Crack open an egg and you find a wealth of nutrients. Because eggs contain a wide variety of nutrients compared to their calorie count (75 per large egg), they’re called “nutrient dense.”
Nutrient-Dense, You Say? What’s That?!
Eating nutrient-dense foods help us satisfy our nutrient needs without excess calories. Nutrient density is especially important for older adults and anyone who is overweight. Eggs are best known as a high-quality protein source. This is because the protein in eggs contains all the essential amino acids, the building blocks of protein.
Eggs are also a good source of the B vitamin riboflavin and contain varying amounts of a number of other nutrients, including vitamins A, B12 , D, E, as well as folate and the mineral iron. Scientists have only just begun to learn about the importance of some egg nutrients, such as choline, lutein and zeaxanthin.
What the Heck is “Choline?”
Choline is now thought to be vital in the development of fetal brain and memory functions. A lack of sufficient choline during pregnancy can cause defective memory or lower memory capabilities that last throughout life. Choline is essential for normal functioning of all cells and assures the structural development and signalling functions of cell membranes. Some studies suggest that choline may also improve both verbal and visual memory capacity later in life. Research shows that choline may help prevent heart disease, fatty liver and neural tube defects, too. A single large egg yolk is a significant source of choline, providing 125 mg, at least 25 per cent of our daily needs.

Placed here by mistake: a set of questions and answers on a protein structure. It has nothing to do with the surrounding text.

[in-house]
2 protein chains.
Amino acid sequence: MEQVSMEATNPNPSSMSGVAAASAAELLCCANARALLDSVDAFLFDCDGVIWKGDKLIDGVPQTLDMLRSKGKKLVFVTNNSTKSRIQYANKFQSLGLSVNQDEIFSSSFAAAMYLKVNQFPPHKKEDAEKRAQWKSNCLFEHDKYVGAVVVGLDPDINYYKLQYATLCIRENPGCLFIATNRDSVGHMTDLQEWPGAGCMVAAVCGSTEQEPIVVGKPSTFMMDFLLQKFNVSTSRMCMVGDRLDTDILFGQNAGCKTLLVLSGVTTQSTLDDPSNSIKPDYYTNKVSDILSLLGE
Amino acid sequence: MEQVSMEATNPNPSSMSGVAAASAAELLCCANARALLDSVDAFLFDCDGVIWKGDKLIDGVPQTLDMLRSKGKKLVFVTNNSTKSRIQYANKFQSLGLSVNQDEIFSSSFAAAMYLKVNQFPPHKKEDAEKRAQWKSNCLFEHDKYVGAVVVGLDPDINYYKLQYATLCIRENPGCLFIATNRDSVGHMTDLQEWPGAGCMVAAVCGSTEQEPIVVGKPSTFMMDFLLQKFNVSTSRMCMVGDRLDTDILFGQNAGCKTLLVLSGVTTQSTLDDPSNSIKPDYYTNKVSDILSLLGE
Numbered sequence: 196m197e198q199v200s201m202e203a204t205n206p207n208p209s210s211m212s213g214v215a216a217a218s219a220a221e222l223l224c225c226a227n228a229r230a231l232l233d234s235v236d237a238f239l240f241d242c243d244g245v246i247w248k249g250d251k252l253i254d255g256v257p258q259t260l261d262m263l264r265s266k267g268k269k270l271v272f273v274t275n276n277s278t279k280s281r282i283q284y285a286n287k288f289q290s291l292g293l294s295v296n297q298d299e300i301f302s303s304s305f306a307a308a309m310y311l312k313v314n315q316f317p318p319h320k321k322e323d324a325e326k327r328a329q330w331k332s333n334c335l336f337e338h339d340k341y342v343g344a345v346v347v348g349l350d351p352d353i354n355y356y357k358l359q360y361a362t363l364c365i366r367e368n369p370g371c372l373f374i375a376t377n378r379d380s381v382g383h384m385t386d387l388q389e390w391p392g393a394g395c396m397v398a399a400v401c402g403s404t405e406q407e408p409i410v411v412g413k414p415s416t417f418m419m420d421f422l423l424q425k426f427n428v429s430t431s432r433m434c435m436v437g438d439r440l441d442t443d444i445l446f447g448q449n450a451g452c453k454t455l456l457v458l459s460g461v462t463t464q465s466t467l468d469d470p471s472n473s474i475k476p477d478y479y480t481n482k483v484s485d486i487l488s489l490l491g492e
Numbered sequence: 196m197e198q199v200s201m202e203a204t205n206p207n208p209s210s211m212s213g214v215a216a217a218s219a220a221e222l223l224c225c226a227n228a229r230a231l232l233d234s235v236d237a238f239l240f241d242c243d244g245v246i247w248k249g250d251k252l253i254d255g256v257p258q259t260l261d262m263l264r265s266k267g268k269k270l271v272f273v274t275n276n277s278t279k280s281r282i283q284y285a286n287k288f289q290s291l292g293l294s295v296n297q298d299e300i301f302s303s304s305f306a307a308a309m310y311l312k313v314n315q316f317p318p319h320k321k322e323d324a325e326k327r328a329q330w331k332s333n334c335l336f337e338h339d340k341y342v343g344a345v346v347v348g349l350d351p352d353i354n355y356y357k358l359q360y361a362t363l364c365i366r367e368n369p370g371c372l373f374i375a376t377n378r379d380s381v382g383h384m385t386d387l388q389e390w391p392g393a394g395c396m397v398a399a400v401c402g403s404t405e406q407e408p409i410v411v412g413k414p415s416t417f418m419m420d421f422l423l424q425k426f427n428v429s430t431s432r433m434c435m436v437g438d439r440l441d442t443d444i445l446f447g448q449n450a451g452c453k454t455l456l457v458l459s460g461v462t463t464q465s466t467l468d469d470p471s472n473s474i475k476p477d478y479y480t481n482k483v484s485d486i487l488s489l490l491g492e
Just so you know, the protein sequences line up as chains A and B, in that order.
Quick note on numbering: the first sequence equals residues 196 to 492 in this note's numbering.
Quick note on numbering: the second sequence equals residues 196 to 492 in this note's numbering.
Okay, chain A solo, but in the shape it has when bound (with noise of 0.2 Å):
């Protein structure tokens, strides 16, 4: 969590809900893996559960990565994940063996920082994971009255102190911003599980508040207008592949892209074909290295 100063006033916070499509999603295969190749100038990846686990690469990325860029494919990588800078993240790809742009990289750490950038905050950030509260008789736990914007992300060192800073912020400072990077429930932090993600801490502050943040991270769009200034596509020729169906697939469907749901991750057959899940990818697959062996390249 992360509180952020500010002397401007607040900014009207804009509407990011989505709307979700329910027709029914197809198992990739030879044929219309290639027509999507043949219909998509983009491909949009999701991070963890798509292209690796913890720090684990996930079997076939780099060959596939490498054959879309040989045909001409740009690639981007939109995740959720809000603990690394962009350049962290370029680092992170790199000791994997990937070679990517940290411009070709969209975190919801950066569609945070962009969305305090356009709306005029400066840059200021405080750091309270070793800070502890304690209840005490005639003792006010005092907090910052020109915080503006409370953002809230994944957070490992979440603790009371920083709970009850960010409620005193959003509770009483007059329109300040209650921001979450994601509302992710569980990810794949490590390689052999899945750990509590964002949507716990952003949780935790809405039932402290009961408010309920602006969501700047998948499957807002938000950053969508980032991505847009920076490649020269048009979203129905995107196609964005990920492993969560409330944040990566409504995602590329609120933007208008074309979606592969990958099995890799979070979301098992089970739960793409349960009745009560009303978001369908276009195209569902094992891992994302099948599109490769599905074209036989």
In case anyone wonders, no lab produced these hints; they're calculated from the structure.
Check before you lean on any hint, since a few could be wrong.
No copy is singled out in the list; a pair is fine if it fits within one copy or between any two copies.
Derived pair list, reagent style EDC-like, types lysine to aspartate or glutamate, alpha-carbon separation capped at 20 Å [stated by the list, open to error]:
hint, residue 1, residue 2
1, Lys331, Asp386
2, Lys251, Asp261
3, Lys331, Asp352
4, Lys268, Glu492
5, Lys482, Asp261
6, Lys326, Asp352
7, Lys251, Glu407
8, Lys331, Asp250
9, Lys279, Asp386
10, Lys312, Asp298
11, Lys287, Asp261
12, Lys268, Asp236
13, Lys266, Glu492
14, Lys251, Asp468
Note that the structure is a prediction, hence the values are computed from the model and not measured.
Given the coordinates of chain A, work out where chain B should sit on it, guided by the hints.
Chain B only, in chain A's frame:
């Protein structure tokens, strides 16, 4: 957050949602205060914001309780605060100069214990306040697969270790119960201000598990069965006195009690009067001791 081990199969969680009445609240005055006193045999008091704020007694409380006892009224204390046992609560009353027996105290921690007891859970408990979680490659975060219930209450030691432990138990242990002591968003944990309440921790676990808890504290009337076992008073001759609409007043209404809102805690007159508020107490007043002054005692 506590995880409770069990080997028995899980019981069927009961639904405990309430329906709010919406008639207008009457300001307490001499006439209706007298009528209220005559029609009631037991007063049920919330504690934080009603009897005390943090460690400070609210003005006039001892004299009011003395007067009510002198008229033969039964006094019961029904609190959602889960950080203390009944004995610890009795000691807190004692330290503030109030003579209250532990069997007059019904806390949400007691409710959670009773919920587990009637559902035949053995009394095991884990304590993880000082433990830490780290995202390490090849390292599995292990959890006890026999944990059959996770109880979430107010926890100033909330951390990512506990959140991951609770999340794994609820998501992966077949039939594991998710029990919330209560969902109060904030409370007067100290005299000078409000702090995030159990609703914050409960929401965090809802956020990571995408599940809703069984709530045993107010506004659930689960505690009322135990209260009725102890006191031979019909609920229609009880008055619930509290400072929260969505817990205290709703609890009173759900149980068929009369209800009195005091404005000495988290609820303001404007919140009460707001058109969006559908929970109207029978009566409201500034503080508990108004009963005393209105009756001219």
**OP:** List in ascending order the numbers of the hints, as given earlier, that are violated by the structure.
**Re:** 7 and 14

Lutein and Zeaxanthin
Lutein and zeaxanthin are two yellow-orange plant pigments called carotenoids that have been shown to help prevent cataracts and age-related macular degeneration (AMD), the leading cause of blindness in people 65 and older. Lutein and zeaxanthin accumulate in the eye lens and macular region of the retina. Scientists believe these carotenoids may protect the eye from damage due to oxidation. Studies have shown that generous intakes of these antioxidants are associated with up to 20% less cataract risk and up to 40% less AMD risk. One study also suggests that lutein may help reduce the risk of heart disease. Because egg yolks contain fat, research indicates that the human body absorbs the lutein and zeaxanthin from egg yolks more easily than it absorbs the lutein and zeaxanthin from other sources.
Eggs Benedict? Eggs Bene-fit!
Altogether, when you choose eggs as a high-quality protein source, you get a bonus of many other needed nutrients, from vitamin A through to choline, lutein and zeaxanthin. But, beyond their good nutrition, eggs are also economical and quick and easy to prepare in a host of different ways.
That’s pretty much a miracle!